What Causes Economic Depressions?
In his testimony before a congressional committee in 1930, American Communist Party leader, William Z. Foster, declared: “What is the cause of this starvation, misery and hardship of the millions of workers in the United States? Is it because some great national calamity has destroyed the food, clothing and shelter available for the people? No, on the contrary. Millions of workers must go hungry because there is too much wheat. Millions of workers must go without clothes because the warehouses are full to overflowing with everything that is needed. Millions of workers must freeze because there is too much coal. This is the logic of the capitalist system . . .”1
This statement, made at the beginning of the Great Depression of the 1930s, typifies the widespread view that, in the absence of government intervention and regulation, free-market economies are inherently unstable, lurching from boom to bust, from inflation to unemployment. But is this really true? Not according to the great 20th century “classical liberal” economist Ludwig von Mises,2 who was one of the few economists to predict, in the 1920s, the coming of the Great Depression, and who had been similarly prescient regarding the great German hyperinflation and collapse of 1919-1923. In fact, von Mises, and, fellow “Austrian school” economist and Nobel prize-winner, Friedrich A. Hayek3 argue that it is precisely government mismanagement of the monetary system and government controls on production and trade, which are responsible for boom-and-bust cycles and prolonged depressions.4
Like so much of economics, the “Austrian school” views are complex, but in a nutshell they maintain that in a free-enterprise economy—with free competition, open markets, and freely moving prices and wages—prices send crucial signals, telling businessmen what to produce, counseling workers where to offer their labor, and influencing what people consume. In this way the supply and demand for goods and services in all different markets (including the market for labor) tend to balance each other continually. In addition, the search for profit and the pressure of competition encourage entrepreneurs to forecast the future conditions in their respective markets correctly. For these reasons, there cannot, in normal circumstances, be a general overproduction of goods and services and hence a general slump in business activity.
What then causes boom-bust cycles like the Great Depression? The “Austrians” blame the government, charging that state-induced inflation, brought about by an excessive increase in the quantity of money and credit by state-controlled central banks, skews important market price signals. As a result, rising prices and asset values fool businessmen into making investment decisions not sustainable in real terms. Eventually and inevitably, confidence collapses, businessmen stop investing, and there is a major slump in business activity. The result is widespread unemployment of labor and resources.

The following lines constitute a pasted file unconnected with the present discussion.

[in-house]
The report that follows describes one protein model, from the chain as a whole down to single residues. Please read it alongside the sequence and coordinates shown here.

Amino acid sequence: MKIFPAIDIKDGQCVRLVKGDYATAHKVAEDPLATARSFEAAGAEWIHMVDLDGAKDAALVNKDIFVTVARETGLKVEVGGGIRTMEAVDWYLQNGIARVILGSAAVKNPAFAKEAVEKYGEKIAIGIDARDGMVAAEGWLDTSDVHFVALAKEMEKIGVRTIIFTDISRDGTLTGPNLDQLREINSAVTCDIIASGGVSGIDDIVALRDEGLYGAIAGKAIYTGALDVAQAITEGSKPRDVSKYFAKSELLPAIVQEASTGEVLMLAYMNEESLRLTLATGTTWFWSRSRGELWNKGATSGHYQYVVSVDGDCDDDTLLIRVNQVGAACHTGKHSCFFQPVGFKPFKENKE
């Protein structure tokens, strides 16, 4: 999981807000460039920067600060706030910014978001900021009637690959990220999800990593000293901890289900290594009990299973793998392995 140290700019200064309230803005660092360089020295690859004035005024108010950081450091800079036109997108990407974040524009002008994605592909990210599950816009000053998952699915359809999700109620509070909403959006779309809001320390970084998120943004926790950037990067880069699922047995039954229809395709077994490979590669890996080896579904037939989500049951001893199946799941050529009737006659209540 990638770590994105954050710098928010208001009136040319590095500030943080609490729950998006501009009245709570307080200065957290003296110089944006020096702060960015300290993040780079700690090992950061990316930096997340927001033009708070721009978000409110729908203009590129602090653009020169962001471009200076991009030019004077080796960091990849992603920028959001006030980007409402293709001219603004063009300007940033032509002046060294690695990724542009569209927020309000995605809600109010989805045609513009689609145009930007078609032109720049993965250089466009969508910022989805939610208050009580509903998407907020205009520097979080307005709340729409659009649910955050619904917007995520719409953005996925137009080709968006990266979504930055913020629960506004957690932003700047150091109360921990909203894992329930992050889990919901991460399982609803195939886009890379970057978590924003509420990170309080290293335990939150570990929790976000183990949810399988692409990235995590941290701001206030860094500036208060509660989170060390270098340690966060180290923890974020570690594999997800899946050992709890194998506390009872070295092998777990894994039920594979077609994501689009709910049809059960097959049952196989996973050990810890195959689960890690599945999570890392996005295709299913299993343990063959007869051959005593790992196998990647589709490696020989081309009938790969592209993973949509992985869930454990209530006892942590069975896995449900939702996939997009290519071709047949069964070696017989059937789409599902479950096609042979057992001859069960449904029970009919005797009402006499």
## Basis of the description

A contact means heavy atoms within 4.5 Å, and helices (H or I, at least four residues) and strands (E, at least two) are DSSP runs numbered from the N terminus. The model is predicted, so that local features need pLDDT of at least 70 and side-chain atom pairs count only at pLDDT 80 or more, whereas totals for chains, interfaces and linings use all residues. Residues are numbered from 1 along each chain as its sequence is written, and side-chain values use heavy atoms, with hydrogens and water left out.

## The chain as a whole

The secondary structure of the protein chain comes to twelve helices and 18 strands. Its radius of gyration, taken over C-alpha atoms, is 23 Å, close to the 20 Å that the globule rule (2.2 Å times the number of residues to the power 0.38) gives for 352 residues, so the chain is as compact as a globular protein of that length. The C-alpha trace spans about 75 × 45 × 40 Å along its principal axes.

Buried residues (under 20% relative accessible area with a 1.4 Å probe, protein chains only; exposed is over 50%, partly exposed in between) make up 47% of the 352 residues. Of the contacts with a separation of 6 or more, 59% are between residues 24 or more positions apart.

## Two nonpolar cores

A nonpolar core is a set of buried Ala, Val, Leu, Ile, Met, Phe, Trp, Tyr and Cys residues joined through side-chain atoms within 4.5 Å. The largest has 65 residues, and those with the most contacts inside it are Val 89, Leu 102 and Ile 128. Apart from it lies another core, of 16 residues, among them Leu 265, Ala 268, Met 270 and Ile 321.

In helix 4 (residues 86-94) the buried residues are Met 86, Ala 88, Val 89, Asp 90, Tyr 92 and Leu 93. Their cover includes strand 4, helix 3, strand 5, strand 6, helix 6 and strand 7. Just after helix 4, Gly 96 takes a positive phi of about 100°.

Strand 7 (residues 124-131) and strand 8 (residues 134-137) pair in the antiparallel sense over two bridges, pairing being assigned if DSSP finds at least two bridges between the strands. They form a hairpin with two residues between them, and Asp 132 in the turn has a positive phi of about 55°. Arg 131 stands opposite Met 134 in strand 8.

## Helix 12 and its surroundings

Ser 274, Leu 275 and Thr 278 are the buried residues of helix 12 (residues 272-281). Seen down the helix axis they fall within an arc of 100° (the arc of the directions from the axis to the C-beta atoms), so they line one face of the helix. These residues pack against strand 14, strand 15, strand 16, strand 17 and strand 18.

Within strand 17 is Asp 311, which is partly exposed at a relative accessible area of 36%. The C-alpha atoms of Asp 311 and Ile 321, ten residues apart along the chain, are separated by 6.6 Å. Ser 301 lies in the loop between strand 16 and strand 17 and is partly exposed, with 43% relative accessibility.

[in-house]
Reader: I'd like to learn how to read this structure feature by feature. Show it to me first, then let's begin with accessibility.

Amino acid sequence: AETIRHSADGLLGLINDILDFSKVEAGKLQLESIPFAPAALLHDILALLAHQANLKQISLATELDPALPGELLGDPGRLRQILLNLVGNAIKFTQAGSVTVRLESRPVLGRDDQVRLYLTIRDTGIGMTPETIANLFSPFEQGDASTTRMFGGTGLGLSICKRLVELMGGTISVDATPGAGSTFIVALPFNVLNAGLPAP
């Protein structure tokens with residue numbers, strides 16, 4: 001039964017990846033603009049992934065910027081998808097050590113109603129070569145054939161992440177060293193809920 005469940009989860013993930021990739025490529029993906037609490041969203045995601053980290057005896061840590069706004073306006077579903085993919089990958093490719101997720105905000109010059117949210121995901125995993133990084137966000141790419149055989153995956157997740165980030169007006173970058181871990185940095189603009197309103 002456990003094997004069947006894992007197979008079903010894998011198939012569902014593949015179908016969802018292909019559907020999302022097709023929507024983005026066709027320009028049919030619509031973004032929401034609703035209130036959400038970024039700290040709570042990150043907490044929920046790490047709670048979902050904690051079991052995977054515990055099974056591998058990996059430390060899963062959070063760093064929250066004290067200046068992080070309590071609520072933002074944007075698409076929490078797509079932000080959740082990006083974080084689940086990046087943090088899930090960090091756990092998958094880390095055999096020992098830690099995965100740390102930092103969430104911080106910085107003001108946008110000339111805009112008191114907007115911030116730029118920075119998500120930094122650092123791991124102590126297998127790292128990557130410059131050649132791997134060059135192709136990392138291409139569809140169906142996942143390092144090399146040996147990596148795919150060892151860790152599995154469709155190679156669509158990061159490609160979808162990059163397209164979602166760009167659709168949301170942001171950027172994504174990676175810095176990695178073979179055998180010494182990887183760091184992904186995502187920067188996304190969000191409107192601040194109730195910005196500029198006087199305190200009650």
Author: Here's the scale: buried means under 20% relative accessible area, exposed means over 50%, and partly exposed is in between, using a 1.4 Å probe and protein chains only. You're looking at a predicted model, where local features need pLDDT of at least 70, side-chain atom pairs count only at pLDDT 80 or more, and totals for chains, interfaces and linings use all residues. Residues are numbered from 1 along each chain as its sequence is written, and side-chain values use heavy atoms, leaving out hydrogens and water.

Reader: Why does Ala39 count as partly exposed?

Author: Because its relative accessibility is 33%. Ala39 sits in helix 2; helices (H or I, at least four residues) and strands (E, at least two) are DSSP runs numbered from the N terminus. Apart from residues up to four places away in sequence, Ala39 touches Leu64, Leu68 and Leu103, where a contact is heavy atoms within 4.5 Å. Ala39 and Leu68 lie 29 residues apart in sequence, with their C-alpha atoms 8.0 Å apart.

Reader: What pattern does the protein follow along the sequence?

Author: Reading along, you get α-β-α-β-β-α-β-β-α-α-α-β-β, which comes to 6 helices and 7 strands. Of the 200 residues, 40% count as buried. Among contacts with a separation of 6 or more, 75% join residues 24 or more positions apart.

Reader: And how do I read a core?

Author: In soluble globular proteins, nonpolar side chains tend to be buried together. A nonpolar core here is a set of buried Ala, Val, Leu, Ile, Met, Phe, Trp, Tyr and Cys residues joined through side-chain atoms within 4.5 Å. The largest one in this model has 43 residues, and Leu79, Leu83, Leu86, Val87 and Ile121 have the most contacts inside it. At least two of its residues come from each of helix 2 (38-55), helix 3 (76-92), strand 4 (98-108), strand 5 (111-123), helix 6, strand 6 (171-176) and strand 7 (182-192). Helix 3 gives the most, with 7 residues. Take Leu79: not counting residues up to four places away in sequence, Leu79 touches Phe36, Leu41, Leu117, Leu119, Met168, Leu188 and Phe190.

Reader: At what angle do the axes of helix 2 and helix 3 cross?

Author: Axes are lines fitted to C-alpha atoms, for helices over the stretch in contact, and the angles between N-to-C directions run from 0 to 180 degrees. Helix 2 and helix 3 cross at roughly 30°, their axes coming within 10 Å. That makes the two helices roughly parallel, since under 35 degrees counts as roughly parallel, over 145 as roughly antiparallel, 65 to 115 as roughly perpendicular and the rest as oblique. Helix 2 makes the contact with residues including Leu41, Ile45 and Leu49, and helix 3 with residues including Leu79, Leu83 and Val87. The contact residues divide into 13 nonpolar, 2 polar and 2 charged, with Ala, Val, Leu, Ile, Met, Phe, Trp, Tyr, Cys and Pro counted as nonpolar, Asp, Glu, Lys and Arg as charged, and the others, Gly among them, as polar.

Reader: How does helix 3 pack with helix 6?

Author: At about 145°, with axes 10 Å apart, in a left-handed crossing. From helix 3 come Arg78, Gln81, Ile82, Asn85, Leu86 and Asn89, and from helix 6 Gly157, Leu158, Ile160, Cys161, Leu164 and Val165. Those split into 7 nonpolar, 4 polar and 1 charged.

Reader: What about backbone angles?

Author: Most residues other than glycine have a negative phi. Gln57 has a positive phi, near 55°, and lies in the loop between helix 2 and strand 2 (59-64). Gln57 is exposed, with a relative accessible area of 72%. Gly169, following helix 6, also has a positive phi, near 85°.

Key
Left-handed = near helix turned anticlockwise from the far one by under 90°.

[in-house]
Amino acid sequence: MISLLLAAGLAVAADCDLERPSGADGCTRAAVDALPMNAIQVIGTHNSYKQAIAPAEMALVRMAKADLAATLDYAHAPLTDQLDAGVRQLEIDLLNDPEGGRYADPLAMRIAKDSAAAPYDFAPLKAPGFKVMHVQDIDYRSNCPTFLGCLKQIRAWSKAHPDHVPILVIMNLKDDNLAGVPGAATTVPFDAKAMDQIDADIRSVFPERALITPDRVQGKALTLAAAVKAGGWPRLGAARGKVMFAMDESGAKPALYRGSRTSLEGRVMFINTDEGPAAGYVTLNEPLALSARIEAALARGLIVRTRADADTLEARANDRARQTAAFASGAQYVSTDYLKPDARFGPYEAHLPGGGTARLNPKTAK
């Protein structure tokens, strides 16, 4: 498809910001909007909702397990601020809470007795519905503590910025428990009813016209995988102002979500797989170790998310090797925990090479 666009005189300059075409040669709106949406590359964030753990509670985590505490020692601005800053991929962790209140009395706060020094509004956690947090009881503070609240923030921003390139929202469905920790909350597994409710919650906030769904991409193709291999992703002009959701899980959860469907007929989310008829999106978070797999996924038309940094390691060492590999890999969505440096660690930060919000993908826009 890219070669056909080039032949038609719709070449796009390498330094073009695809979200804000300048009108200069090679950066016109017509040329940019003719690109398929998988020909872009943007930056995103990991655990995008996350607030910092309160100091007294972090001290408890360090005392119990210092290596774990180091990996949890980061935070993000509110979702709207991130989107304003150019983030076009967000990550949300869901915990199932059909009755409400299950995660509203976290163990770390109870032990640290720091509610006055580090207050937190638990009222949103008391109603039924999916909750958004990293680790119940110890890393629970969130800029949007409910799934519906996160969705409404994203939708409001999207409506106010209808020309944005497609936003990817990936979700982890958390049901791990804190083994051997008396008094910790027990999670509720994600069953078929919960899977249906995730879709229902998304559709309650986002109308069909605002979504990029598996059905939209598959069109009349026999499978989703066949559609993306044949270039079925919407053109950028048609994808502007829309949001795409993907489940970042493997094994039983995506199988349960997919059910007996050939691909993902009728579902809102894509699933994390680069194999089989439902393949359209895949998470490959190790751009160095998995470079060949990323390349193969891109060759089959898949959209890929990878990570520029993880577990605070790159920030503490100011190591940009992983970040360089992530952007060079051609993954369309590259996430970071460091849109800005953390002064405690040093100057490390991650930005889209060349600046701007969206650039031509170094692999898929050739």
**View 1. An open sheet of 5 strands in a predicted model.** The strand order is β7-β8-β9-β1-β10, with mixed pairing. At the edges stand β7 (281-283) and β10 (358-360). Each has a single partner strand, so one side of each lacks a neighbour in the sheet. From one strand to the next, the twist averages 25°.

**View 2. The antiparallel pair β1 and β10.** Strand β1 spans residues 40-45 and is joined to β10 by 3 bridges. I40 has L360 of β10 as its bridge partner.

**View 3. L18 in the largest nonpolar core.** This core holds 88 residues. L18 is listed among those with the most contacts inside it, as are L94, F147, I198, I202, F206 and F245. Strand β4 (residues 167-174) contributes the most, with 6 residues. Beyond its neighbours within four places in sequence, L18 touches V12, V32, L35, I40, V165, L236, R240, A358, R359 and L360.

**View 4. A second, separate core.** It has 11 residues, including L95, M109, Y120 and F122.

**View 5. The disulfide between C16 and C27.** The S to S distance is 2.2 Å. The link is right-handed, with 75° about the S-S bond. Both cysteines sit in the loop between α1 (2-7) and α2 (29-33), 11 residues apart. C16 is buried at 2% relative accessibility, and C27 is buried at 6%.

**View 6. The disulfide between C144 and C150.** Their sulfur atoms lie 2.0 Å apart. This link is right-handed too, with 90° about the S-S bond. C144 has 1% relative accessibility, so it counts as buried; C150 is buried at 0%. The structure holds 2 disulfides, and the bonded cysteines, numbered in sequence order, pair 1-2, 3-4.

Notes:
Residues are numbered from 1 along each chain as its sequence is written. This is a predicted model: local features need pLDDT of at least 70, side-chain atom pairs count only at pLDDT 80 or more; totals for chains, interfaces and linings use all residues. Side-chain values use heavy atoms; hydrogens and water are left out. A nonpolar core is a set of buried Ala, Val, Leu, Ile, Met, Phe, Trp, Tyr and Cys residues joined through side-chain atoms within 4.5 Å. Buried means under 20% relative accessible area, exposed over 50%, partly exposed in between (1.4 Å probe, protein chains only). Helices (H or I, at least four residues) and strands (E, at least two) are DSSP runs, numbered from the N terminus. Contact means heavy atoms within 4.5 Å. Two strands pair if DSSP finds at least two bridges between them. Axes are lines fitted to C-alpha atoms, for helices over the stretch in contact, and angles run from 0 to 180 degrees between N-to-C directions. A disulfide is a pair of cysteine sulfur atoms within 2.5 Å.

Furthermore, they argue, once the “drug” of inflation has been removed, a slump will be corrected most quickly if prices and wages are allowed to freely adjust downwards, back to what true market conditions demand. Governments and unions may attempt to alleviate the pain of the depression through official controls over prices, dividends, wage rates, and through guiding production and investment decisions, but this, say the Austrian economists, will only artificially and unnecessarily prolong it—as happened in the 1930s.
It is odd that many who would not trust the national government to “fine tune” families, schools, and churches would applaud state attempts to tinker with the market. And this despite clear evidence that such tinkering undermines market stability and robs businessmen of the necessary confidence to commit capital for long-term investments.
1 Clarence B. Carson, The Welfare State 1929-1985, in A Basic History of the United States, vol. 5 (Phenix City, AL: American Textbook Committee, 1986), 10. 2 See Ludwig von Mises, The Theory of Money and Credit (New York: The Foundation of Economic Education, 1971). This was first published in German in 1912 and in English in 1934. See also (for a more popular audience) von Mises, Planning For Freedom, 3rd edition (South Holland, IL: Libertarian Press, 1974). 3 Friedrich A. Hayek, Prices and Production (London: G. Routledge & Sons, 1931), and Monetary Theory and the Trade Cycle (New York: Harcourt, Brace & Co, 1933). See also Murray Rothbard, America’s Great Depression, 3rd edition (Kansas City: Sheed & Ward, 1975) and (for a more popular audience) For A New Liberty: A Libertarian Manifesto, revised edition (New York: Collier Macmillan, 1978), chapter 9. 4 See also von Mises, Haberler, Rothbard, Hayek, The Austrian Theory of the Trade Cycle and Other Essays, in Occasional Papers Series 8 (New York: Center for Libertarian Studies, 1978). A similar view is held, for slightly different reasons, by the monetarist economist Milton Friedman. See Milton Friedman, and Anna J. Schwartz, A Monetary History of the United States, 1867-1960 (New Jersey: Princeton University Press, 1963); and Friedman, Capitalism and Freedom (Chicago: University of Chicago Press, 1962), chapter 3.